- At least 100 were killed and 300 injured, the president said
- Saturday’s attack is the deadliest in years
- Al-Qaeda-linked al Shabaab claimed responsibility
MOGADISHU, Oct 30 (Reuters) – Two car bombs that exploded at Somalia’s education ministry next to a busy market intersection killed at least 100 people and wounded 300, President Hassan Sheikh Mohamud said on Sunday, warning that the death toll could rise.
Saturday’s attack was the deadliest since a truck bomb exploded at the same intersection in October 2017, killing more than 500 people.
Al-Qaeda-linked Islamist group al Shabaab claimed responsibility, saying the ministry was at the center of a “war on the mind” that taught Somali children using a Christian-based syllabus. Members of the security forces were among the dead and wounded, the statement emailed to the media said.
Al Shabaab, which seeks to overthrow the government and establish its own rule based on an extreme interpretation of Islamic law, has carried out frequent attacks in Mogadishu and elsewhere.
The first of the explosions hit the Ministry of Education around 2 pm on Saturday. Second press minutes later when the ambulance arrived and people gathered to help the victims.
Mohamed Moalim, who owns a small restaurant near the intersection, said his wife, Fardawsa Mohamed, a mother of six, rushed to the scene after the first explosion to try to help.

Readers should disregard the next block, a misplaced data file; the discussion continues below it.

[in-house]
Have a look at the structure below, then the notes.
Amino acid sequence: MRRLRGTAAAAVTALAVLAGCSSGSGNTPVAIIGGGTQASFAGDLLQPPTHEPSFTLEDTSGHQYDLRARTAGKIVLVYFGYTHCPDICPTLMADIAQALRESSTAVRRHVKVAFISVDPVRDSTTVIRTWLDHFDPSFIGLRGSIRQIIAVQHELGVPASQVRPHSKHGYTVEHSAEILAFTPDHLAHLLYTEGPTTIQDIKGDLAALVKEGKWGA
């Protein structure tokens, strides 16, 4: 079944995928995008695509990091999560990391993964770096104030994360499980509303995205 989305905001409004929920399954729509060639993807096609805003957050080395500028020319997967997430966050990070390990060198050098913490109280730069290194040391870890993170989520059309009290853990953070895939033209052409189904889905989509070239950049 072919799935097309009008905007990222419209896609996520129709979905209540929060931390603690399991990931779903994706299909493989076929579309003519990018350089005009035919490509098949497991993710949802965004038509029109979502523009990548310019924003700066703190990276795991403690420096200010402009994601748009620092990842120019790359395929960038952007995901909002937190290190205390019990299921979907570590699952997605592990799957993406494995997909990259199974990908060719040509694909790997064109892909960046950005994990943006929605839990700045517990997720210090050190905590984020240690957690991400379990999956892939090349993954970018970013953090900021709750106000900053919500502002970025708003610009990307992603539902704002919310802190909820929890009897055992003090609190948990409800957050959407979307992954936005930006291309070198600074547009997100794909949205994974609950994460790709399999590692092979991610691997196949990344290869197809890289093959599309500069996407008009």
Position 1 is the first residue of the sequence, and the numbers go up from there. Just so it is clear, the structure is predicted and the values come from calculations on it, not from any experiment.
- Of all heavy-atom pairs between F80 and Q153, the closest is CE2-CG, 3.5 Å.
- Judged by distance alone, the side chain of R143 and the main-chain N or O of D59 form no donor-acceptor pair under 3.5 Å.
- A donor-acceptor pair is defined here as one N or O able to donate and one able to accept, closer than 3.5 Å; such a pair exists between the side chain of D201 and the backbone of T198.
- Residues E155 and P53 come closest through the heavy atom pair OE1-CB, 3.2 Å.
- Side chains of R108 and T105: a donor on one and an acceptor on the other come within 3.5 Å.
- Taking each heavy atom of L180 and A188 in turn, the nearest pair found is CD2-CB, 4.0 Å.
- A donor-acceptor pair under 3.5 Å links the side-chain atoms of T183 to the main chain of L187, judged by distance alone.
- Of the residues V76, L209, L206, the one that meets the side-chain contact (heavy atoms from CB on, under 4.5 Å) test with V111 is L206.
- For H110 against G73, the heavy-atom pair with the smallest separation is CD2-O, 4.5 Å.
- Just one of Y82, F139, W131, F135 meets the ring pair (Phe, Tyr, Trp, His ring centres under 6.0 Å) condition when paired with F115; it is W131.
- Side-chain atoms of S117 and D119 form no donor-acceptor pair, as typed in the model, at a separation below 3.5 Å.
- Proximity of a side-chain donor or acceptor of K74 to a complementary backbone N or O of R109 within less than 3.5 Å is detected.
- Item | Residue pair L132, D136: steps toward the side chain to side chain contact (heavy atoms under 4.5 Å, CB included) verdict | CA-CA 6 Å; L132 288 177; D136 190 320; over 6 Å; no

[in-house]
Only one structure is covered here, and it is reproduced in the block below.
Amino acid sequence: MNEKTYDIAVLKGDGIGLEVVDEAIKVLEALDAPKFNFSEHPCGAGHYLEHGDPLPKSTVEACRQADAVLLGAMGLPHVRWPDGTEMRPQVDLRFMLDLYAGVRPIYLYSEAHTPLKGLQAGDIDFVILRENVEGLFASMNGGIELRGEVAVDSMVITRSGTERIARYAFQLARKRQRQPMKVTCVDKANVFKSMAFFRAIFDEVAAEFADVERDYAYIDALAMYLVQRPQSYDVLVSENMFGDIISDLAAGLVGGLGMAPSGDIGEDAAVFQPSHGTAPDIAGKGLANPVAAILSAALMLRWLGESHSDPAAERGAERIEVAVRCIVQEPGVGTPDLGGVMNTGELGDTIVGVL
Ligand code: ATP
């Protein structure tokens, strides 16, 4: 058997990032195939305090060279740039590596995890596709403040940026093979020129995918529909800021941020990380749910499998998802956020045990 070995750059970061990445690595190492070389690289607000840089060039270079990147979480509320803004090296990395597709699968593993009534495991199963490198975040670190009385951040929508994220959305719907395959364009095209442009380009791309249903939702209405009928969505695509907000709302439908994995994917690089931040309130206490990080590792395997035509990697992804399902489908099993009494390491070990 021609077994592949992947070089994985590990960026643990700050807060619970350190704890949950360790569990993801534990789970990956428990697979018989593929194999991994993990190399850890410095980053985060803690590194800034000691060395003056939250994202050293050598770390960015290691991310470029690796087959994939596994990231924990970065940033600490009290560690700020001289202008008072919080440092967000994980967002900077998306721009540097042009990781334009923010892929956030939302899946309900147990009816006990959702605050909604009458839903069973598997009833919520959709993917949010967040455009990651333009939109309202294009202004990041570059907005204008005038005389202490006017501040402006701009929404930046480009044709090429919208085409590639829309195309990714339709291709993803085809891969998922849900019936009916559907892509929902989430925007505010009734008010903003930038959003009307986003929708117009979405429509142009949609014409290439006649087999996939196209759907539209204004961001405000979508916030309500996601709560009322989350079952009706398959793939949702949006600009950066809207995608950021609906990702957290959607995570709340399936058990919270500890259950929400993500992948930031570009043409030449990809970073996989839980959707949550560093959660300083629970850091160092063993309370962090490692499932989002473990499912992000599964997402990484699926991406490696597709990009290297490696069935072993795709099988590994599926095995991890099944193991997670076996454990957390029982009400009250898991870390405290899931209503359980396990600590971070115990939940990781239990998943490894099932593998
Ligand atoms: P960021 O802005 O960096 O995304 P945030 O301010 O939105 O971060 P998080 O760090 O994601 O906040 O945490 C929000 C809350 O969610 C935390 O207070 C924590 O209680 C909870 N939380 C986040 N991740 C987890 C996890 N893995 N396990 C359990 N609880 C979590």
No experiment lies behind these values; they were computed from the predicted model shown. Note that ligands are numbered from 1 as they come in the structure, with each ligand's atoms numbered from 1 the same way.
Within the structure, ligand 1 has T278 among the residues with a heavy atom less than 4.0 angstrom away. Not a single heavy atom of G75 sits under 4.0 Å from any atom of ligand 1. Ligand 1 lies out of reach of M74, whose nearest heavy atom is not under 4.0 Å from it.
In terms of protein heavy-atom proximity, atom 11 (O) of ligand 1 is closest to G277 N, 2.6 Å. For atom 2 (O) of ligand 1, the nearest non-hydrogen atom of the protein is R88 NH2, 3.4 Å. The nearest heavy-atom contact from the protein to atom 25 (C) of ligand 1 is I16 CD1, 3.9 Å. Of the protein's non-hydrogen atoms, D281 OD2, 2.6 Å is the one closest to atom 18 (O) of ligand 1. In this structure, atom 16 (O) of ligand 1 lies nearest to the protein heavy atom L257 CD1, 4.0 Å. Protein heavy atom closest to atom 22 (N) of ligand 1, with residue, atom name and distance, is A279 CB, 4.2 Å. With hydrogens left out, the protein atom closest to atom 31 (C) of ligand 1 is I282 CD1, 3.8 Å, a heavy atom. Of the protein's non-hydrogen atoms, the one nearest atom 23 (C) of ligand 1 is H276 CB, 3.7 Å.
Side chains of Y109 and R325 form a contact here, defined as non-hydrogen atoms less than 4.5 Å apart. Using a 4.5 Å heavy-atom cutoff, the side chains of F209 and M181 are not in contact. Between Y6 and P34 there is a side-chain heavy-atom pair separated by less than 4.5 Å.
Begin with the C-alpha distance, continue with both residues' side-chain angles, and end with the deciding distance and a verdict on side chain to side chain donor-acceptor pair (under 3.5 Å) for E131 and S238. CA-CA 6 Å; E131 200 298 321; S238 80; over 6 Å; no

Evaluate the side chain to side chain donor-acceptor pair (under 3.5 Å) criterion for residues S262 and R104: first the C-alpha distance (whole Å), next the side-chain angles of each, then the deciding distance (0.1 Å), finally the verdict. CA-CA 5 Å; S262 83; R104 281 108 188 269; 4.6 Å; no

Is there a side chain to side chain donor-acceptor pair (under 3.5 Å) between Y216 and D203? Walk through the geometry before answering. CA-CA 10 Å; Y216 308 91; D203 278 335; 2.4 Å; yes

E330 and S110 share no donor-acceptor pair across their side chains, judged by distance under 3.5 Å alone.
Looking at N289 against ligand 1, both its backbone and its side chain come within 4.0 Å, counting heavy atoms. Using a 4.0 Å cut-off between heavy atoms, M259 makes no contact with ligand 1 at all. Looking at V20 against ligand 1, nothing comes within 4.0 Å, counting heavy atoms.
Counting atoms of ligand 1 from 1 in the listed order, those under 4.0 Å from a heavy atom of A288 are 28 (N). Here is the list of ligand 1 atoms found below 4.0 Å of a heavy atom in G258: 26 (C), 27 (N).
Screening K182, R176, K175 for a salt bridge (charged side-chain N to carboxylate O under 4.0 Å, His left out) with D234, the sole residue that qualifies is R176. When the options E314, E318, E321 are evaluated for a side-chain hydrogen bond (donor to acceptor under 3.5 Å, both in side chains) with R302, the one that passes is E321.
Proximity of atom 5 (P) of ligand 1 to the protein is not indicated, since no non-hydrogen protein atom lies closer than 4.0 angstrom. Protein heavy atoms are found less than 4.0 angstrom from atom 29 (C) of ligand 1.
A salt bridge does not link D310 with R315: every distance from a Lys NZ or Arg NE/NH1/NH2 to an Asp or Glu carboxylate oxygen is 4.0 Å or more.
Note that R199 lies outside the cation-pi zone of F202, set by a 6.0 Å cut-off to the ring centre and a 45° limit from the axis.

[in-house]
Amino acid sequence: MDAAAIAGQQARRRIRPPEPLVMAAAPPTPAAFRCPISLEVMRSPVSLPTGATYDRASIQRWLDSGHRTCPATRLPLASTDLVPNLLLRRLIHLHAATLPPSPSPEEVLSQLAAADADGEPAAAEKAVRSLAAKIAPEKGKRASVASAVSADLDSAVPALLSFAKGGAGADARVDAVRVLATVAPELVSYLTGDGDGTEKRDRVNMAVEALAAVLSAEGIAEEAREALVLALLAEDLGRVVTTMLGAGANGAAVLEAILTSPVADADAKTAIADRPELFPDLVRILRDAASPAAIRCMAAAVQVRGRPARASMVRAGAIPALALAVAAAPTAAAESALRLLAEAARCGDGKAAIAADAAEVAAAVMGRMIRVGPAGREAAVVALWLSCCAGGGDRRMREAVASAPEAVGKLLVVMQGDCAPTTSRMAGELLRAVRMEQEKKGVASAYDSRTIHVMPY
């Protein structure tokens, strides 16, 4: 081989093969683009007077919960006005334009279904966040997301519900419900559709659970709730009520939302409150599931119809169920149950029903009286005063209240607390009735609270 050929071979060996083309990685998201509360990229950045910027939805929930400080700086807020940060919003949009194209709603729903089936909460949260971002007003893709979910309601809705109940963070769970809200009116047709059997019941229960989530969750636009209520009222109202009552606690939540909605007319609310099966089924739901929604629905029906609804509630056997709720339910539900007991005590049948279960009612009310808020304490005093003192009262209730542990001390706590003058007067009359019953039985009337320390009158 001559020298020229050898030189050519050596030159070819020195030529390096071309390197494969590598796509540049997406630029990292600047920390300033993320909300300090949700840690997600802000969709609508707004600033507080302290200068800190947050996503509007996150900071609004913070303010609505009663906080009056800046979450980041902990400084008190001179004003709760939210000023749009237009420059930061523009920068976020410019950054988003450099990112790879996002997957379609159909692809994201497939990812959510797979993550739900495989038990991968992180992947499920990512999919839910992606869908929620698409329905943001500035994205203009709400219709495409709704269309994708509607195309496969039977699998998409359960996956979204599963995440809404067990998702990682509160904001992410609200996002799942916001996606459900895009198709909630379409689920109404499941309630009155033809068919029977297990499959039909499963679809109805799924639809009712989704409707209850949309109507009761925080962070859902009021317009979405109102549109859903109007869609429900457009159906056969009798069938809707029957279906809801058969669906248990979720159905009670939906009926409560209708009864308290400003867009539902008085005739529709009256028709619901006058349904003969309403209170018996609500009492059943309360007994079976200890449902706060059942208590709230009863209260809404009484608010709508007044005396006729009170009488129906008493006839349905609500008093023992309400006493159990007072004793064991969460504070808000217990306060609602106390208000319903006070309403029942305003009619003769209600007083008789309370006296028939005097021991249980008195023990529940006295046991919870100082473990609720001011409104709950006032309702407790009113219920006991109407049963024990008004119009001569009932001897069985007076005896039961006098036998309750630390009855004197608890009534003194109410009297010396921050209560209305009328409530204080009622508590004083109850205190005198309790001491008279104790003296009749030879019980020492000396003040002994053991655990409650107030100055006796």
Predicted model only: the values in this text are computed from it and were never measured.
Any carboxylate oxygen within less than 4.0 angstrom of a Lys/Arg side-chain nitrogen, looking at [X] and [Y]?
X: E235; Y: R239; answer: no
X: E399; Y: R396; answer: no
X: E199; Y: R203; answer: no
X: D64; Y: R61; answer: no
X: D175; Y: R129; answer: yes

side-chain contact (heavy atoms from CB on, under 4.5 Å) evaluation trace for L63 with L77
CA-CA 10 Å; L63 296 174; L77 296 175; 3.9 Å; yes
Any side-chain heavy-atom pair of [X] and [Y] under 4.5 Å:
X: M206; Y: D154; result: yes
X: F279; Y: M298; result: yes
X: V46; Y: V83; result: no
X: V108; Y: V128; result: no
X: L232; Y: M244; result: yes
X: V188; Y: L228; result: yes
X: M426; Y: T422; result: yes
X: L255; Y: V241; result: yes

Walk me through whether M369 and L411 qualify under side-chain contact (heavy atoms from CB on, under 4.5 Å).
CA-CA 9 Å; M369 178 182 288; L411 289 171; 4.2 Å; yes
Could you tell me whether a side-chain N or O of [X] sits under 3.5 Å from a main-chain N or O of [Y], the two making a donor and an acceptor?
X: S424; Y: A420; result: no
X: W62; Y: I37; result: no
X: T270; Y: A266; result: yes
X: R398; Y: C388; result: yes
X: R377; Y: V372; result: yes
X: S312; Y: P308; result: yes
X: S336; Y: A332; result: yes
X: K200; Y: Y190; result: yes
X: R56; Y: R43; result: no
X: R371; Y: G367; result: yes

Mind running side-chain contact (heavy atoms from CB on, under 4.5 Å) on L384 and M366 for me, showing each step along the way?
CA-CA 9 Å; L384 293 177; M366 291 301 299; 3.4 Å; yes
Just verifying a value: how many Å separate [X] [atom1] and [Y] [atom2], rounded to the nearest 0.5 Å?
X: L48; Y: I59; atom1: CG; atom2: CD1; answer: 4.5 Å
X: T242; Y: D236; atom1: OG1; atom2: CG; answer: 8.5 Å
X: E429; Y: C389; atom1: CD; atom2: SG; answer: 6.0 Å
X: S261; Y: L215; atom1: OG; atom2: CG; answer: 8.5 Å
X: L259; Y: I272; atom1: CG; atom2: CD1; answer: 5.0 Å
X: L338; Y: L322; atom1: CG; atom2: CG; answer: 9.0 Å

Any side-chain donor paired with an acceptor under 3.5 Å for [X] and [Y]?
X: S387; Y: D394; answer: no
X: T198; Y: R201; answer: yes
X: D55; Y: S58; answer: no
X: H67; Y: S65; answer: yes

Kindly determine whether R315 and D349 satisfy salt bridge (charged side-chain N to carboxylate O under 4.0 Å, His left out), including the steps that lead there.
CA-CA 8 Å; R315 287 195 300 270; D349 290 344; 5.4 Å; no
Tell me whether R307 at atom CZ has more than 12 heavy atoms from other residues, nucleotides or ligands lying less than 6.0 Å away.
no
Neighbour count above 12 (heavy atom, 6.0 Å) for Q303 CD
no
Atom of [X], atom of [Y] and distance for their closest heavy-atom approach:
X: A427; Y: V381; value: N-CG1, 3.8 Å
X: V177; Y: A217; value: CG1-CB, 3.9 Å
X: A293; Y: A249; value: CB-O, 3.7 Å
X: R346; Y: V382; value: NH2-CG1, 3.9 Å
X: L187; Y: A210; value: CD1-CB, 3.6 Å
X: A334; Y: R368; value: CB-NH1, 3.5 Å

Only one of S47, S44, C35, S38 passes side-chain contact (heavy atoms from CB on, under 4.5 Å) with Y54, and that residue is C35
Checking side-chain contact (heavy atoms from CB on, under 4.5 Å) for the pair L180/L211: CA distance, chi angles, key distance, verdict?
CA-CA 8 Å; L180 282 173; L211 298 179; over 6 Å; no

“We failed to stop him,” he said. “He was killed by the second explosion.”
President Mohamud said some of the wounded were in serious condition and the death toll could rise.
“Our people who were slaughtered … included mothers with their children in their arms, fathers with medical conditions, students sent to study, businessmen who are fighting for the life of their families,” he said after visiting the crime scene.
The K5 intersection is usually full of people buying everything from food, clothing and water to foreign currency and khat, a mild narcotic leaf. But it was quiet on Sunday, with emergency workers still cleaning blood from streets and buildings.
Somalia’s international partners condemned the attack and sent condolences to the affected families.
“This senseless attack against innocent civilians including women and children only reminds us of the group’s barbarity against its own people and reveals the true hypocrisy of its intentions,” said the European Union’s foreign policy chief, Josep Borrell, in a statement .
The chairman of the African Union Commission, Moussa Faki Mahamat, urged the international community to “redouble its efforts to ensure strong international support to Somalia’s institutions in their struggle to defeat terrorist groups”.
Director-General of the World Health Organization Tedros Adhanom Ghebreyesus tweeted that his organization is ready to provide support to the government to care for the injured.
With support from the United States and allied local militias, the president launched an offensive against the group, although the results were limited.
Abdullahi Aden said his friend, Ilyas Mohamed Warsame, was killed while traveling in his three-wheeled “tuk tuk” taxi to see relatives before returning to his home in Britain.
“We recognize the number plate of the tuk tuk, which is now in ruins,” said Aden.
“Exhausted and desperate, we found his body last night at the hospital,” he said. “I can’t get the picture out of my mind.”
Additional reporting by Sabine Siebold in Berlin; The writing of Elias Biryabarema; Editing by William Mallard, Alexandra Zavis, Nick Macfie and Philippa Fletcher
Our Standards: The Thomson Reuters Trust Principles.